|Publication number||US7930749 B2|
|Application number||US 11/432,651|
|Publication date||Apr 19, 2011|
|Filing date||May 11, 2006|
|Priority date||May 11, 2006|
|Also published as||US20070266436|
|Publication number||11432651, 432651, US 7930749 B2, US 7930749B2, US-B2-7930749, US7930749 B2, US7930749B2|
|Inventors||Clinton L Ballard, Joshua Nathaniel Lizon|
|Original Assignee||Eacceleration Corp.|
|Export Citation||BiBTeX, EndNote, RefMan|
|Patent Citations (22), Referenced by (3), Classifications (6), Legal Events (3)|
|External Links: USPTO, USPTO Assignment, Espacenet|
This invention relates generally to the fields of file searching and data scanning, and more particularly to the field of scanning digital objects for data patterns.
File searching and data scanning are performed in many contexts. As internet communications proliferate and the need for digital security increases, an expanding context is malware cleaning software applications. The term ‘malware’ encompasses computer viruses and other ‘infections’, along with spyware, adware and other software having a malicious effect on the computer. Typical cleaning applications check digital objects on a computer against definition files, (e.g., virus definitions). Various objects that may become ‘infected’ or subjected to malicious software include, but are not limited to: files, directories, registry entries, Layered Service Providers (LSP's), file contents, services, running processes and modules, browser helper objects, and browser cookies.
Common processes performed in cleaning malware from a computer include: reading files from a hard disk drive; and comparing the files read against a plurality of malware definitions. To scan an entire hard disk may take an excessive amount of time. For example, a conventional 100 gigabyte hard drive having a media transfer rate of 20 megabytes per second, requires more than 1 hour just to stream the data from the disk. With added time for disks seeks and malware testing, substantially more time is required. In particular, testing all files and other digital objects for all malware definitions using a conventional scan engine takes an excessive length of time.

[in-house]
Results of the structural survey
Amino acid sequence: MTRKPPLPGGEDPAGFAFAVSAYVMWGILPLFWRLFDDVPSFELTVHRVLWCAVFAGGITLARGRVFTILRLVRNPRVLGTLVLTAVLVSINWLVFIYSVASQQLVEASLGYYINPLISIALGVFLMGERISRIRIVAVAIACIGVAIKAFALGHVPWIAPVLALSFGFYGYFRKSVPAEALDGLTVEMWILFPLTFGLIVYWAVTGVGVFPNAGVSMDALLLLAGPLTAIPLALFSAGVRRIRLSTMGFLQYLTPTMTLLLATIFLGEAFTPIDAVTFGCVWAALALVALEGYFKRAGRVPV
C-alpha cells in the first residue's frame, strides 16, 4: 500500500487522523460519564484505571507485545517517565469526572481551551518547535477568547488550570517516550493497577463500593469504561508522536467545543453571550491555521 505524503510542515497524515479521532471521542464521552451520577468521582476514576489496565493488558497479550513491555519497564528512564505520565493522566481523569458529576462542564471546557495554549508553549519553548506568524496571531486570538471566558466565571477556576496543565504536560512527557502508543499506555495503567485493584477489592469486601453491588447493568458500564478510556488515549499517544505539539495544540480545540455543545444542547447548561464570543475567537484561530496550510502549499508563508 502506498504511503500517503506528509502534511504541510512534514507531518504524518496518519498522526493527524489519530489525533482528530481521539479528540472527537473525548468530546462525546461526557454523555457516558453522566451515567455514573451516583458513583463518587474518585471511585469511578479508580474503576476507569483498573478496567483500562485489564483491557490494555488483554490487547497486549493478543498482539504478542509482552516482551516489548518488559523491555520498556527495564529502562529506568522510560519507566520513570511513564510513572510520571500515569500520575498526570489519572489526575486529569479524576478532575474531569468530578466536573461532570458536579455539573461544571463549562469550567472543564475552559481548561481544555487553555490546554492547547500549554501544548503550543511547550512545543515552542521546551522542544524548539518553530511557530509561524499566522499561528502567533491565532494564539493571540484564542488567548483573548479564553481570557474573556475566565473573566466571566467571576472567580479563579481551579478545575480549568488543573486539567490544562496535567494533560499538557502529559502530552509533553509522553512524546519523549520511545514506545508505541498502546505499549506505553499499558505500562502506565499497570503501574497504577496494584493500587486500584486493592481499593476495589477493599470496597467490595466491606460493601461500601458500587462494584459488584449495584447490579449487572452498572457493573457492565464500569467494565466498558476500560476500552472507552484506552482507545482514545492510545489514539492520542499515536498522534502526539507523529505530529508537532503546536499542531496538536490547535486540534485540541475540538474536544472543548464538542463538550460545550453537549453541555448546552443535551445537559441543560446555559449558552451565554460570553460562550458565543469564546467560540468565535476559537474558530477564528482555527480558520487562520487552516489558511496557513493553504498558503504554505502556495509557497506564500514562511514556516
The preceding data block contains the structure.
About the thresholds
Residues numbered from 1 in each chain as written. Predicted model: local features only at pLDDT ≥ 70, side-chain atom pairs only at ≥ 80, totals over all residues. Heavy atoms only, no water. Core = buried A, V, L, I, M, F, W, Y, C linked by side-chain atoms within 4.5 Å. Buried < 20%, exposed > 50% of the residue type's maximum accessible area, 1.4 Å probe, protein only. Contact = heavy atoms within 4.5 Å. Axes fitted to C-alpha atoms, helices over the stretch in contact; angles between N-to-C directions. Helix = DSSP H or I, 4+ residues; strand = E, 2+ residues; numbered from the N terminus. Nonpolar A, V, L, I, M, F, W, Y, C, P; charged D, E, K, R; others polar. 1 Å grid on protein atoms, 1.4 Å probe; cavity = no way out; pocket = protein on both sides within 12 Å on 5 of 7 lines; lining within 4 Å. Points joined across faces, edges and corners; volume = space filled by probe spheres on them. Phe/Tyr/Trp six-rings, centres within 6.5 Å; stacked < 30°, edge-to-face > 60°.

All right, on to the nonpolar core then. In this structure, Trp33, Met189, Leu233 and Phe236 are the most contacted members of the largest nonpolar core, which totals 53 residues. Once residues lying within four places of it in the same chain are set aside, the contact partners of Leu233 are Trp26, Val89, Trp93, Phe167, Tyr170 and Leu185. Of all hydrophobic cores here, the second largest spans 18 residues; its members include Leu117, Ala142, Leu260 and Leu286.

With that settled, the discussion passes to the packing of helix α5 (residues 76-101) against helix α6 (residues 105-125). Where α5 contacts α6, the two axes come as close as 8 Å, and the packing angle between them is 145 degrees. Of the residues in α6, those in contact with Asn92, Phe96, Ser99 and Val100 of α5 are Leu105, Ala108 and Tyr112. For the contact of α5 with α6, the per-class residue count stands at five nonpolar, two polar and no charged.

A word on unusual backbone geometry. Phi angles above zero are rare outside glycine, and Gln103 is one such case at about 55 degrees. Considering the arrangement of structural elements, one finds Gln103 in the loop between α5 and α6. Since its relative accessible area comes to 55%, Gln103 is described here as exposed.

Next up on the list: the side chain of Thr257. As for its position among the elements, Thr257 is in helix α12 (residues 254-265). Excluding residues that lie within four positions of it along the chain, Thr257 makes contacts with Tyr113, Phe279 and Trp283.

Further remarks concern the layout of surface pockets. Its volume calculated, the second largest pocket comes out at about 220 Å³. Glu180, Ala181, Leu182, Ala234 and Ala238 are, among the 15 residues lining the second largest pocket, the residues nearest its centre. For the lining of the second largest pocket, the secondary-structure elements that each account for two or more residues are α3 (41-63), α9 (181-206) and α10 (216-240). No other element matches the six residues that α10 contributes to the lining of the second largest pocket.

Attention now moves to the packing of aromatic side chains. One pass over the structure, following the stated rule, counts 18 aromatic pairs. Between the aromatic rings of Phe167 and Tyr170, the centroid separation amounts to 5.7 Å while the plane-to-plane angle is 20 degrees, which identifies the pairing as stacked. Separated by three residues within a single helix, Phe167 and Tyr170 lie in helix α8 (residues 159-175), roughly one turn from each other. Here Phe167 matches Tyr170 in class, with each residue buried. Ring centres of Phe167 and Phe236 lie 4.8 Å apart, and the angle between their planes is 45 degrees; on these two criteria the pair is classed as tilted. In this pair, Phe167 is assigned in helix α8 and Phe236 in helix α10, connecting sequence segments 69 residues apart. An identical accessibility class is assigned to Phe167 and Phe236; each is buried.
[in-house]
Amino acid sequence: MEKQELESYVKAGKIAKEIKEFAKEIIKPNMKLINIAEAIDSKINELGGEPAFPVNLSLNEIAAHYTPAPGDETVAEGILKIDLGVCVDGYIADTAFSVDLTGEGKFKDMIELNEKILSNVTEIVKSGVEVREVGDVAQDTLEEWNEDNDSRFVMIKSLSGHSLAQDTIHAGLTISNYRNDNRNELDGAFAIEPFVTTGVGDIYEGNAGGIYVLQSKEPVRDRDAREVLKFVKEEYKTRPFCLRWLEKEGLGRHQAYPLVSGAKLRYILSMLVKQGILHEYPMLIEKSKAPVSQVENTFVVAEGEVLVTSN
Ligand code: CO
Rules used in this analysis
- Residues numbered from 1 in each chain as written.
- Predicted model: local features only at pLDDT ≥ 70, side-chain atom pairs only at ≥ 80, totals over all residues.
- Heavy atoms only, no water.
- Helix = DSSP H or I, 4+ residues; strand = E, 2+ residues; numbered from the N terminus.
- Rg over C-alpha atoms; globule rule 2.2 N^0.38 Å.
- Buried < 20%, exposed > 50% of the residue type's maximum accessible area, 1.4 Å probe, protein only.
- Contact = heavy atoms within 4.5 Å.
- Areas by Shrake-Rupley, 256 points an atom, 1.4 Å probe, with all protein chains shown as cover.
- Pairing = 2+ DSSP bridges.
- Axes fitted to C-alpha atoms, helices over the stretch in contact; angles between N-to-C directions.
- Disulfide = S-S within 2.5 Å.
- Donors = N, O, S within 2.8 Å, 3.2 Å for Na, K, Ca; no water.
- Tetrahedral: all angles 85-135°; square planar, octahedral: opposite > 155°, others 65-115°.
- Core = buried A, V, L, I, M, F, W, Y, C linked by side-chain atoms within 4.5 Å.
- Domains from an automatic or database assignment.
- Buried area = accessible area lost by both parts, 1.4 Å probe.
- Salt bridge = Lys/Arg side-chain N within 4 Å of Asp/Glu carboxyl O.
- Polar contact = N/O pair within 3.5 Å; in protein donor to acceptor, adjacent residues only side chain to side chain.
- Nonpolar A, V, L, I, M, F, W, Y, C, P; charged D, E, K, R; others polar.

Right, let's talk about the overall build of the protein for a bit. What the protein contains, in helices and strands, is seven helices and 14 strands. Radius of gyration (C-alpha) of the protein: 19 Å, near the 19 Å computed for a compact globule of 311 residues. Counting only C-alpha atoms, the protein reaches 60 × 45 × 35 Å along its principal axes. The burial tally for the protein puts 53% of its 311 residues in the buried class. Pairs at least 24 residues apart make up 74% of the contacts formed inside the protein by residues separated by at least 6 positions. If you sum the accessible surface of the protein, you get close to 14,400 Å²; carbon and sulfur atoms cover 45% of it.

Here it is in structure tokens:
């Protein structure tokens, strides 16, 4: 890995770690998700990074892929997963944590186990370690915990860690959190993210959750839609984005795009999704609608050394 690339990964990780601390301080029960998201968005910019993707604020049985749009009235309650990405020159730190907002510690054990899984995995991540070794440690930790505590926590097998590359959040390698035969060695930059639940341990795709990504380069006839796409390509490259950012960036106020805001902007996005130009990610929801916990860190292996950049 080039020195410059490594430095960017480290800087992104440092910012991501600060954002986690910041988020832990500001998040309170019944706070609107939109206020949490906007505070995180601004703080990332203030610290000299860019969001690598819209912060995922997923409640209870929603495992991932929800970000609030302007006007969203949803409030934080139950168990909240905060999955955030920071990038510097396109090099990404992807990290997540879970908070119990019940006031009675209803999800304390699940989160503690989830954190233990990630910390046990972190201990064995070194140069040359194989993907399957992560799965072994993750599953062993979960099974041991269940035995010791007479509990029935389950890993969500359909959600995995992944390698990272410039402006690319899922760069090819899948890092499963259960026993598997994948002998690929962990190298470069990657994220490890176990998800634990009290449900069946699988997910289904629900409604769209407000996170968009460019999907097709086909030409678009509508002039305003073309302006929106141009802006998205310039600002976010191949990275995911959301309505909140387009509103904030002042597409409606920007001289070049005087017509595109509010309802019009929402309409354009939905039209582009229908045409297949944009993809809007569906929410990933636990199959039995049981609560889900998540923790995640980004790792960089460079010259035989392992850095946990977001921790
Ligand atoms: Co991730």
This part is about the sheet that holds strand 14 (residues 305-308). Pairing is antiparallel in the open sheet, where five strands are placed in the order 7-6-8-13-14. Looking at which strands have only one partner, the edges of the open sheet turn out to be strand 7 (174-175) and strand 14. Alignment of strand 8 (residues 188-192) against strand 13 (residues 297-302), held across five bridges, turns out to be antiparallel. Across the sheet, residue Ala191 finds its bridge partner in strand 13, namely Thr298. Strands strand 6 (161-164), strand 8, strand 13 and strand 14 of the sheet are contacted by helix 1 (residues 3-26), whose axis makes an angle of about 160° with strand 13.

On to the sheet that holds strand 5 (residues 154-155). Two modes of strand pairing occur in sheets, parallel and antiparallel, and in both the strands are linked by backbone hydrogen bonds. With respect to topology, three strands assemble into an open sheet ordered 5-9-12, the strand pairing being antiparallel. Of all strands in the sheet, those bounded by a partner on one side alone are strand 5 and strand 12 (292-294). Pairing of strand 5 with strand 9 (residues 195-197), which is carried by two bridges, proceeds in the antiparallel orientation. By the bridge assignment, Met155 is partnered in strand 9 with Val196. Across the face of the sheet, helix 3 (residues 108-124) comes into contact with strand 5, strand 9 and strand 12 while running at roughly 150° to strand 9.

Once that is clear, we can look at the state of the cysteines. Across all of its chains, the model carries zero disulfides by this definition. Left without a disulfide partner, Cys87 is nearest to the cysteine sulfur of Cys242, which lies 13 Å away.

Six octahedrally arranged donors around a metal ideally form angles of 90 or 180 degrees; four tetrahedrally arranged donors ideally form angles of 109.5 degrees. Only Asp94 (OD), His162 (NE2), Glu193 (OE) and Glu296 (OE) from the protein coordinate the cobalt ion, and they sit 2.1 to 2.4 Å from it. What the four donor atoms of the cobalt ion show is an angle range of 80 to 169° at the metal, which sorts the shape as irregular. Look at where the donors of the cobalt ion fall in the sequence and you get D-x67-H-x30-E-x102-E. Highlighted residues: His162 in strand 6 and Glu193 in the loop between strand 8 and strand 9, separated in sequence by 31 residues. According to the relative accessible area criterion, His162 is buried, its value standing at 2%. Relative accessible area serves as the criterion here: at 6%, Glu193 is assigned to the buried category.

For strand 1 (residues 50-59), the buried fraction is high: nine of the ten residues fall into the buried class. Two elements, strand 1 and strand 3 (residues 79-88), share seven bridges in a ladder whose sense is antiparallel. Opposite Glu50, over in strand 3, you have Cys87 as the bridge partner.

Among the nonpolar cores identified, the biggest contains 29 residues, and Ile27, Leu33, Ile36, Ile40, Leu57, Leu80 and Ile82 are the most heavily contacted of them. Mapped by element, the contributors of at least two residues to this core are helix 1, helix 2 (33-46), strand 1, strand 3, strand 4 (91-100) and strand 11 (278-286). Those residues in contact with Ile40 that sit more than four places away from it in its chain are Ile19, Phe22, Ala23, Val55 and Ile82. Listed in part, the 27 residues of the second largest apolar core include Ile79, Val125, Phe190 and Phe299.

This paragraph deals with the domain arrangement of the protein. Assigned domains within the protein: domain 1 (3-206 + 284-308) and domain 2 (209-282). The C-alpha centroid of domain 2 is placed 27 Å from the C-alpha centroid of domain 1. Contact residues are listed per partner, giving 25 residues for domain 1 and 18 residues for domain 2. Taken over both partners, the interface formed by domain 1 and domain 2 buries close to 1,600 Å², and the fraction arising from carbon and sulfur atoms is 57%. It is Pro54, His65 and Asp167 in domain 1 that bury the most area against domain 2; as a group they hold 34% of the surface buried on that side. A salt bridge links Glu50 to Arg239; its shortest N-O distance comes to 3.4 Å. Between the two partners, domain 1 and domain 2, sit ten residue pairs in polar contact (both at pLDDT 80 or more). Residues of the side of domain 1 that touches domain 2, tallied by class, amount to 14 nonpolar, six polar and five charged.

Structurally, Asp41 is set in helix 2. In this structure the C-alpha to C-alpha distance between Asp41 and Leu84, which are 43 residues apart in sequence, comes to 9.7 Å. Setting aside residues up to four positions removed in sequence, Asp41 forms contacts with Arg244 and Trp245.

Accordingly, there is a need for accelerating the scanning of digital objects on a computer to test for malware definitions, and other data patterns.
The present invention provides a method of testing files and other digital objects stored on a hard disk drive for one or more predefined patterns. For each one of a plurality of digital objects, one or more predetermined select portions of the object are stored in a common file. The selected portions for one or more of the plurality of objects are tested thereafter by accessing the common file, rather than the original file. The selected portions are tested to determine whether content of the select portions corresponds to one or more of the predefined patterns.
The invention will be better understood by reference to the following detailed description taken in conjunction with the accompanying drawings.
The invention is further described in the detailed description that follows, by reference to the noted drawings by way of non-limiting illustrative embodiments of the invention, in which like reference numerals represent similar parts throughout the drawings. As should be understood, however, the invention is not limited to the precise arrangements and instrumentalities shown. In the drawings:
In the following description, for purposes of explanation and not limitation, specific details may be set forth, such as particular networks, communication systems, computers, terminals, devices, components, techniques, data and network protocols, software products and systems, enterprise applications, operating systems, development interfaces, hardware, etc. in order to provide a thorough understanding of the present invention. However, it will be apparent to one skilled in the art that the present invention may be practiced in other embodiments that depart from these specific details. Detailed descriptions of well-known networks, communication systems, computers, terminals, devices, components, techniques, data and network protocols, software products and systems, operating systems, development interfaces, and hardware are omitted so as not to obscure the description of the present invention.